London was the most expensive part of the UK for renters in September, with rents averaging £1,752 per calendar month (pcm) — an annual increase of 6.4%. The capital saw the biggest monthly jump in the country, with prices rising 2.3%.
The North East of England remains the cheapest area of the UK for renting, with prices averaging £578 pcm — an increase of 1% compared to a month before and up 3.6% from 2020, according to new figures from the HomeLet rental index.
The average rent in the UK surged to a record high of £1,061 per calendar month (pcm) in September, 7.5% higher than the same time last year, and up 0.8% from a month before.
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Excluding the capital, the average UK rent price rose to £891 pcm, up 7.6% year-on-year.
The index also revealed South East of England is the second most expensive region for renting, with prices averaging £1,139 pcm, a 6.1% increase from 2020. Rental prices in the East of England averaged £1,021, a 5.6% rise year-on-year and the South West saw rents go up by 7.6% to £971.
Northern Ireland comes in second on the list of cheapest places to rent, with average monthly rents of £705 pcm. Yorkshire and the Humber came in at number three with rents averaging £725, followed by Wales (£734) and the East Midlands (£735).
All UK regions experienced a year-on-year price rise. Wales saw the biggest increase, with priced going up by 12.9%. Scotland was in second place with priced rising 10.8% year-on-year.
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UK rents are up 9.7% on pre-pandemic levels, but most of the increases have happened this year, according to the HomeLet Rental Index.
In September, the average household spent 29.6% of their gross income on rent, compared with 30.9% in September 2019, before the pandemic.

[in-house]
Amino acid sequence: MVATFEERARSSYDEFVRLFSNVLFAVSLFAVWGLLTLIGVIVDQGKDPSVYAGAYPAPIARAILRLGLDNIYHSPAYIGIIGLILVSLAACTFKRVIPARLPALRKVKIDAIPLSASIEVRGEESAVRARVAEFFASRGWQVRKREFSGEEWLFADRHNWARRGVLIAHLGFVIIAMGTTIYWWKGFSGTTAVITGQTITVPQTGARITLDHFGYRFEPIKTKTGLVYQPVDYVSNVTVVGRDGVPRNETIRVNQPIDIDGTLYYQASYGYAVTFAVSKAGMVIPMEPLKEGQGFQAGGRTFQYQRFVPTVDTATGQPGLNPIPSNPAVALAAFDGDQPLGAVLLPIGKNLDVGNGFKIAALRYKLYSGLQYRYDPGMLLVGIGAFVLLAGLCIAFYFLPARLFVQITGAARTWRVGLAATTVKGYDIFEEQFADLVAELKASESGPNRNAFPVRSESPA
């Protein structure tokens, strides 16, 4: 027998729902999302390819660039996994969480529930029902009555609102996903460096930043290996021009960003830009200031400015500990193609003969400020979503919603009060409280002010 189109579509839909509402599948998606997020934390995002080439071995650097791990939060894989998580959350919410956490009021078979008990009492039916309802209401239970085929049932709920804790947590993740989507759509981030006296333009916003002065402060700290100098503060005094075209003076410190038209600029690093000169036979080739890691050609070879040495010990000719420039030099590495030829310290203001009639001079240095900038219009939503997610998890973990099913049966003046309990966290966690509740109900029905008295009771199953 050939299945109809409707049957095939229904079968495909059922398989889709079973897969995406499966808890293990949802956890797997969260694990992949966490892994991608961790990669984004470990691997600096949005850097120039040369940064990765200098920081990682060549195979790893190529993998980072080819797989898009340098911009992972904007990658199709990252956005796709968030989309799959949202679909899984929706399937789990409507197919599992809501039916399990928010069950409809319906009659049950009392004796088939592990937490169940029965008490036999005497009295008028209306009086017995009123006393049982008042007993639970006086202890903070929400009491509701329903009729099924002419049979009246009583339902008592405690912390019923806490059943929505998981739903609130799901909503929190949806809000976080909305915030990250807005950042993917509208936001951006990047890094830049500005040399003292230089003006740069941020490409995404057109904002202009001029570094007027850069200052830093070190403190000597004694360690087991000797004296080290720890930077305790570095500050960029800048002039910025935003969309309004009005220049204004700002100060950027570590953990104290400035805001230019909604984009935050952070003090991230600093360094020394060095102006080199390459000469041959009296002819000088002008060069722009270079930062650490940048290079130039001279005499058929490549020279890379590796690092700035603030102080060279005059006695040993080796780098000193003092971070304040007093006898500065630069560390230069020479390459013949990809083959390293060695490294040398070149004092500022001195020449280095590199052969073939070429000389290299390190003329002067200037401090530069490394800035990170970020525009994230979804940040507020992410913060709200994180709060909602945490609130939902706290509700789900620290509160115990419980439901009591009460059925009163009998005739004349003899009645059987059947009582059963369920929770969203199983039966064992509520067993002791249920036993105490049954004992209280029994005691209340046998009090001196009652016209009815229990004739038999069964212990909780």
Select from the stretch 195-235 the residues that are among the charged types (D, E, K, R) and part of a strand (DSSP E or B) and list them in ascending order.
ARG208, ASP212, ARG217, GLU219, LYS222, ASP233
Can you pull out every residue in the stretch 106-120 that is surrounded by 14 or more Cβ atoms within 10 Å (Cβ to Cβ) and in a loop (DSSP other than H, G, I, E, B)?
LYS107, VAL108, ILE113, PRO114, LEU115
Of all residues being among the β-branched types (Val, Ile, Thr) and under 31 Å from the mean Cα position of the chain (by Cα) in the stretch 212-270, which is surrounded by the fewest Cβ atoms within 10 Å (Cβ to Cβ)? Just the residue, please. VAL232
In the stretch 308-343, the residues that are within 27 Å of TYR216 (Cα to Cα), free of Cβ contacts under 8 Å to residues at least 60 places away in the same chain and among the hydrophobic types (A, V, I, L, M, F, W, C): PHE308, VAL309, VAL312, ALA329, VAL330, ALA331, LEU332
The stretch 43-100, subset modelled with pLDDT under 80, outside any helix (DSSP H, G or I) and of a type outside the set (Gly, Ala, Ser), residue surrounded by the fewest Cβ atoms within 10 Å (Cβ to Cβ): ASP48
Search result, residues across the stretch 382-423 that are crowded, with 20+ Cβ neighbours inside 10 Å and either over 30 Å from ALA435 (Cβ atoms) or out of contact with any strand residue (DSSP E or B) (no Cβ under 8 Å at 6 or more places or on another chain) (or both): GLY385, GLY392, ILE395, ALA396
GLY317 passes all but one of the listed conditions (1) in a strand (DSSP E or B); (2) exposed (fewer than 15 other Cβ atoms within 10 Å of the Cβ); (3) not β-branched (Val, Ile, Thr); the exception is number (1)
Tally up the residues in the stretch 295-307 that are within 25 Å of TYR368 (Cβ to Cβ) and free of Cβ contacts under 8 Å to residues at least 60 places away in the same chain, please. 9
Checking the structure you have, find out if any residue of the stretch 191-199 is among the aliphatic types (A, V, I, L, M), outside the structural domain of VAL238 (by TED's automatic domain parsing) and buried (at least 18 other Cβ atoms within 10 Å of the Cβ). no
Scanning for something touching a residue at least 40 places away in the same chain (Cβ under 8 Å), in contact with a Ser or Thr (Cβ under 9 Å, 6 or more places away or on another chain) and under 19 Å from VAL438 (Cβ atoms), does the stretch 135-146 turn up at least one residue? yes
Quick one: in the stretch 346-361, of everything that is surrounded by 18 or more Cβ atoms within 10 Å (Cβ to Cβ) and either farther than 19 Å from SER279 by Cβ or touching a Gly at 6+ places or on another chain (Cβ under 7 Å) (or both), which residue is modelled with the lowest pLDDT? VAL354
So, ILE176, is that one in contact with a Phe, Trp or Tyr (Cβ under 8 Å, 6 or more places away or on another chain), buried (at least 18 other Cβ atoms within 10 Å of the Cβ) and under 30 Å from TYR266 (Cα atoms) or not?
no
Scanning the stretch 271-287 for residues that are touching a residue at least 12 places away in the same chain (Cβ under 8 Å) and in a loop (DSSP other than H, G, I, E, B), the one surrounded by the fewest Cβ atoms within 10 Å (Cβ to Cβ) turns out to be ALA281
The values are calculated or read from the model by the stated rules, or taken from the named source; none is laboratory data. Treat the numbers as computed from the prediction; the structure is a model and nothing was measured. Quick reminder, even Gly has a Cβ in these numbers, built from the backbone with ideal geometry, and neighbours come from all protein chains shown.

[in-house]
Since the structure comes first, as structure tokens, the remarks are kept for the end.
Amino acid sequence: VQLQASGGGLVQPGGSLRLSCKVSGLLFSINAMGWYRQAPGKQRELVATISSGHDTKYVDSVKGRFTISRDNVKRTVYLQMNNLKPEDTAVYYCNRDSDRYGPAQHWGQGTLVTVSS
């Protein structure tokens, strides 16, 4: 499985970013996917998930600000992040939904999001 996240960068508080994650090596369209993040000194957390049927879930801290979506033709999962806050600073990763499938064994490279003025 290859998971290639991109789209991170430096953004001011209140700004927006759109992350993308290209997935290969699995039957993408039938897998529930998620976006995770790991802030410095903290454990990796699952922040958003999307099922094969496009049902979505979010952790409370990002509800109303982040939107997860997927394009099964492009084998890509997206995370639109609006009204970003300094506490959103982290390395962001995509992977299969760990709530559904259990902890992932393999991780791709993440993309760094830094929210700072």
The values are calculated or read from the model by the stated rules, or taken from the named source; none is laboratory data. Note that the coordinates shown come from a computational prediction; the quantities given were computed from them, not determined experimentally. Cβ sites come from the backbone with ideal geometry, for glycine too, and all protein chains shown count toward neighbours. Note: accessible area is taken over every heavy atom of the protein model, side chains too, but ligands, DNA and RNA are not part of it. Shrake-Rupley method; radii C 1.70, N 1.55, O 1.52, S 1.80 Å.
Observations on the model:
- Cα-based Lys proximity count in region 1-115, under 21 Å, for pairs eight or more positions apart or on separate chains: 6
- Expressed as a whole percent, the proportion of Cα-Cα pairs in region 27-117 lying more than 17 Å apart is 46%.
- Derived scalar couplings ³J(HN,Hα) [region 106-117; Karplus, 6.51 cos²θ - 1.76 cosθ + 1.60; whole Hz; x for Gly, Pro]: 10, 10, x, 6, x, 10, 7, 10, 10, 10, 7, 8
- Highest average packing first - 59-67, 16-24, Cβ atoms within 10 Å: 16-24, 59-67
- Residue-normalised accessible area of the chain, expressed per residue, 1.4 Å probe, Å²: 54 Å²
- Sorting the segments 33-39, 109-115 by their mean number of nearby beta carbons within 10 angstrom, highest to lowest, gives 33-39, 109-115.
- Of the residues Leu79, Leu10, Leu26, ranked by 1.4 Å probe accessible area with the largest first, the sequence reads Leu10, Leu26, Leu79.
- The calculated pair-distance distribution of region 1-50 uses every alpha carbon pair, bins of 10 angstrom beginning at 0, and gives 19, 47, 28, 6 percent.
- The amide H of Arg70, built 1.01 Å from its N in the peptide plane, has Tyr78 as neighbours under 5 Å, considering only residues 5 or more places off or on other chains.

Renters in London spend the greatest percentage of their income on rent — and average of 33.7%.
The North West is the most affordable, with renters spending 22.1% of their income on rent.
The North West saw the greatest change in affordability in the year to September 2021. Renters are now spending on average 27.2% of their income on rent, improved from 29% 12 months ago.
“Typically, rental prices rise in line with inflation and wage growth; that’s something we’ve continued to see. Despite record rents, tenants moving home spend a similar percentage of their income on their monthly rent," said Matthew Carter, HomeLet & Let Alliance head of marketing.
“Housing follows the same fundamental laws of economics as other goods that consumers need. Ultimately demand, coupled with lower stock levels for certain types of property, are driving up rental values. The concern is that we’re at a point where there are some areas with exceptionally high demand.
“Landlords and the lettings market have faced a continued raft of changes and legislation; the government needs to carefully consider how any future policy might impact the 4.5 million households in the private rented sector. The government's push on homeownership shouldn’t be done to the detriment of an industry that plays a critical role in UK housing.”
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